Understand the triggers
When you are feeling overwhelmed at work, it is important find out why you feel that way. Do you have too many responsibilities, or feel there are too few hours in the day? Is your boss piling on the pressure? Or is the company culture getting you down?
“Feeling overwhelmed is actually a stress response when we feel the demand on us outweighs our resources,” says Diana Dawson, career psychologist and owner of Working Career. Feeling out of control and under pressure is a form of emotional overloading and can also trigger the release of stress hormones such as cortisol and adrenaline, she says.
Keeping a journal of thoughts, feelings and actions can help you identify what causes this reaction, she adds. “Once we understand what triggers the stress, we can perhaps understand why that is and we can build strategies around those things.”
Don’t suffer in silence
If your workload is unmanageable, it’s a good idea to speak to your boss. This can be a daunting prospect, but making a plan before your discussion will help. Revisit your job description before the meeting. “Explain to your boss the tasks you are involved in, how long they take, the resources they require, why you find them challenging, and practical suggestions for a solution,” suggests Sarah Connell, a business psychologist and founder of MindingMe Psychologists.
“Try to control your emotions in the meeting, remain calm and professional. Focus on concerns about quality to demonstrate you are still committed to doing a good job,” she says. “It is not a sign of weakness, asking for help, and your manager may not realise how much work you have on.”
David Webb, writer and editor at employment relations specialist Acas, says that if your boss is professional, you should get a positive reaction when raising the issue. “The situation may be because of a temporary factor you are unaware of, and they may be able to help in some way.” This is an ideal scenario, but unfortunately not always the case. “If a bad boss is putting extra work on you without caring, then that’s a more difficult situation,” he says. In these circumstances, it is worth speaking to a trade union or employee representative and look into the company’s grievance procedure.
Learn to say no
The ability to say no “is probably my top tip for life as well as work,” says psychotherapist and life coach Hilda Burke. Often people who say yes to everything have this instilled in them in childhood, she explains, because they think if they do not obey rules they will be rejected. In a working environment people might think they are lucky to have a job, so it is best to keep their head down and not fuss, she says. “Challenging this type of work programming can take some time, but it can be done.”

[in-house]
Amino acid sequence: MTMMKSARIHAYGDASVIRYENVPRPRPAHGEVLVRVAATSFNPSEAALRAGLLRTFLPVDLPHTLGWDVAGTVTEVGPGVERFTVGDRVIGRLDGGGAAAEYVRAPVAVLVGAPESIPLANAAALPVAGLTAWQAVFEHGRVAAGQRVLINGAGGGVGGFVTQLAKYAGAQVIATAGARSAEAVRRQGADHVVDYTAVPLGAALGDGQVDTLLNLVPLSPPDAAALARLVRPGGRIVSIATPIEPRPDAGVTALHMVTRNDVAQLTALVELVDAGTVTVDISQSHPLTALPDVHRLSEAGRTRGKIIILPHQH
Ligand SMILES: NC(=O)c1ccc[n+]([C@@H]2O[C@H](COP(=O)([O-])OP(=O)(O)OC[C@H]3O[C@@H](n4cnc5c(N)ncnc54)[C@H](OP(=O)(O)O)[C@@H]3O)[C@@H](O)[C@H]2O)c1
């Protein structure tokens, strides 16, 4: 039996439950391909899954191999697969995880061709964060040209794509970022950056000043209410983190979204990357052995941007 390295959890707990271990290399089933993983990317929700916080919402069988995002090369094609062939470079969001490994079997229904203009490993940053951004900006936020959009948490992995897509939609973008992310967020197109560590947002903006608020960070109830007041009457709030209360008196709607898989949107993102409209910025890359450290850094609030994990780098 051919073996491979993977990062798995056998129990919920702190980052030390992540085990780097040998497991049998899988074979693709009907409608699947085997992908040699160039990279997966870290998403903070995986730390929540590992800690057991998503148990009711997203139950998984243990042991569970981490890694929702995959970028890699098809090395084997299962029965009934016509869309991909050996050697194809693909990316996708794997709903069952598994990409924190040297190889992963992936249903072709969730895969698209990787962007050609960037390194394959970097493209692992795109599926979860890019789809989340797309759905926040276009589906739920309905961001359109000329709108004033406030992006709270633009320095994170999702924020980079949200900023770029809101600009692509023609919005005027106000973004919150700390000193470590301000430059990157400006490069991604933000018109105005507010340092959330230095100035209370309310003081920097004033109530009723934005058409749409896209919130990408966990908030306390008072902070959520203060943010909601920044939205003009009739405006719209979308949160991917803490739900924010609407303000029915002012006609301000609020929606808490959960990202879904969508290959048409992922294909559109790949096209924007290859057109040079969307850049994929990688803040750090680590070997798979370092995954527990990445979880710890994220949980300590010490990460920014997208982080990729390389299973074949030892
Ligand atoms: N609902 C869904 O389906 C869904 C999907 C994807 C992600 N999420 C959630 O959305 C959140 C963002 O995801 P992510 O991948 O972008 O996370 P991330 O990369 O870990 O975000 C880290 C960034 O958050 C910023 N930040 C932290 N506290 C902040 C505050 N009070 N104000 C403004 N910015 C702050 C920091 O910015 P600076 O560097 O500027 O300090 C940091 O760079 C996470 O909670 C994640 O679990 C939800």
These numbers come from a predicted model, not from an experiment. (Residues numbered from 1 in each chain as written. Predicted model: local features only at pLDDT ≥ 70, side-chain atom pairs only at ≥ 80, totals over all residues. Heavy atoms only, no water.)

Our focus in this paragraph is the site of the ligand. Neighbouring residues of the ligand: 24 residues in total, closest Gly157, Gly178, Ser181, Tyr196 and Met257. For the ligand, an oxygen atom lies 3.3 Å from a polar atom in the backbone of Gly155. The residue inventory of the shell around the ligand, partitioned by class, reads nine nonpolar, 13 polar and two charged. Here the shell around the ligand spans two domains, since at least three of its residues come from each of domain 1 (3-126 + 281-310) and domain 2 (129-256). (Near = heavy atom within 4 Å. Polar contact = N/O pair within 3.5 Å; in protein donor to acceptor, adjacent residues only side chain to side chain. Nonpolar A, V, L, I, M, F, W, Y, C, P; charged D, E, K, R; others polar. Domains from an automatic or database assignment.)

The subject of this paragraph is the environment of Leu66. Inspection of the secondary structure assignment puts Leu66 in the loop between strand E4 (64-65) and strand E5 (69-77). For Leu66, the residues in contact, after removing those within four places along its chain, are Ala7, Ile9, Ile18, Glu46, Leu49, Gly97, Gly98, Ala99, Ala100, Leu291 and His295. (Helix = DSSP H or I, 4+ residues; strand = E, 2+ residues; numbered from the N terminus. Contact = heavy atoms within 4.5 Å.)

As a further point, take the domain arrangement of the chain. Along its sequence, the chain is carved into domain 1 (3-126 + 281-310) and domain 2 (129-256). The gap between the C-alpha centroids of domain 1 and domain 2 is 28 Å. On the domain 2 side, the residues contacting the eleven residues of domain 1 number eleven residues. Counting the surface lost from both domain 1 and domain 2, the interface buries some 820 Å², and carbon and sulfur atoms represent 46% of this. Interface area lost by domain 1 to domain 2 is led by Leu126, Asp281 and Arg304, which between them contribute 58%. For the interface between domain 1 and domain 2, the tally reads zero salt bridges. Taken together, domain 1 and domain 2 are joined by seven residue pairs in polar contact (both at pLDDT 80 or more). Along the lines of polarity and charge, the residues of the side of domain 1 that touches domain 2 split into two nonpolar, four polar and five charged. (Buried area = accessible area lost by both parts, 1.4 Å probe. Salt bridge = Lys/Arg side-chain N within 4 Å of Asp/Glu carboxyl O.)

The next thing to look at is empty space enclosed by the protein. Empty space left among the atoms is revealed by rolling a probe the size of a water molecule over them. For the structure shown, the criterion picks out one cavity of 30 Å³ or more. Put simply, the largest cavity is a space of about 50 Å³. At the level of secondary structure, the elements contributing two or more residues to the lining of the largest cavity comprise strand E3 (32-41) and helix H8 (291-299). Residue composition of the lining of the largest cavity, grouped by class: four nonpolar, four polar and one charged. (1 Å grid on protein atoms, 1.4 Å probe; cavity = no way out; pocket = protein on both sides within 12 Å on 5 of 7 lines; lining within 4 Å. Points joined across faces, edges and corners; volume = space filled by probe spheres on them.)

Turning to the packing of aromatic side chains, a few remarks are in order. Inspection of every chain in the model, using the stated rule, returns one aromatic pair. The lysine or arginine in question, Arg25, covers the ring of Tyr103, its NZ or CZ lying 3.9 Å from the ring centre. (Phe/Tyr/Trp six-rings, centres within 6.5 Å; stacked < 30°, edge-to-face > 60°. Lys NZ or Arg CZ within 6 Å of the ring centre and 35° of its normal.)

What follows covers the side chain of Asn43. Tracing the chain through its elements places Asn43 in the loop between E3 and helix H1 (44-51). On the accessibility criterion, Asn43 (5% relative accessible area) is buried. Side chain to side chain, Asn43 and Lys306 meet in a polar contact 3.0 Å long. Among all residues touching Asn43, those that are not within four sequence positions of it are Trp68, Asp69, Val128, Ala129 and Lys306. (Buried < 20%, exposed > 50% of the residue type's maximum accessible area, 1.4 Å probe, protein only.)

Pushing back can particularly hard for freelancers, however, who often take on more than they can handle because of financial uncertainty. “I understand the temptation to say yes to new projects, but if it gets to a point where your existing projects or clients are suffering then it’s time to take stock,” says Burke.
She suggests buddying up with another freelancer or colleague that you trust to help with the workload. “Saying no shows your busy already, which can be a good message to give out,” she says.
Put things into perspective
Changing the way you think about your work situation could help alleviate some of the pressure, says Connell. “Remember the important things in life and do not let yourself get carried away with stresses.” She suggests trying cognitive behavioural therapy and mindfulness techniques. “They cannot resolve the work situation, but instead are aimed at helping you manage how you think about it and how you cope from a personal perspective.”
When you are feeling stressed at work, you should leave this emotional baggage in the office. “Remember it’s just a job. Don’t take it home with you, switch off email and phone alerts when you’re at home and plan some fun stuff outside work,” says Sarah Archer, career coach and co-founder of CareerTree.
Take breaks and relax
Feeling overwhelmed at work can send you into survival mode, which becomes counterproductive. “Stress actually closes off the more creative parts of our cognitive processes and also distorts our perception of time,” says Gary Wood, psychologist, life coach and author.
While it may seem counterintuitive, taking time out to relax during the working day will help lighten a heavy workload. “The temptation is to work without breaks. The reality is that it depletes our resources and we process things more slowly and make more mistakes. The brain likes breaks.”
It is also necessary to look after yourself outside of work. “A lot of my clients, when they get very stressed during busy times at work, start eating junk food and abandoning their exercise regimes. The result is they sleep poorly and feel even worse,” says Burke. “At times of intense work, it’s more important than ever to look after your physical and emotional self.”
If you have exhausted all your options, and you are still struggling, then it might be worth looking for a new job. “If [a stressful job] doesn’t make you ill it can erode your confidence in your own abilities, which then makes it harder to leave and find another job.”
When looking for a new role, it is worth researching a company’s work culture, so you do not find yourself in the same situation. Sites like Glassdoor survey workplaces, and also ask about management style during job interviews, suggests Archer.
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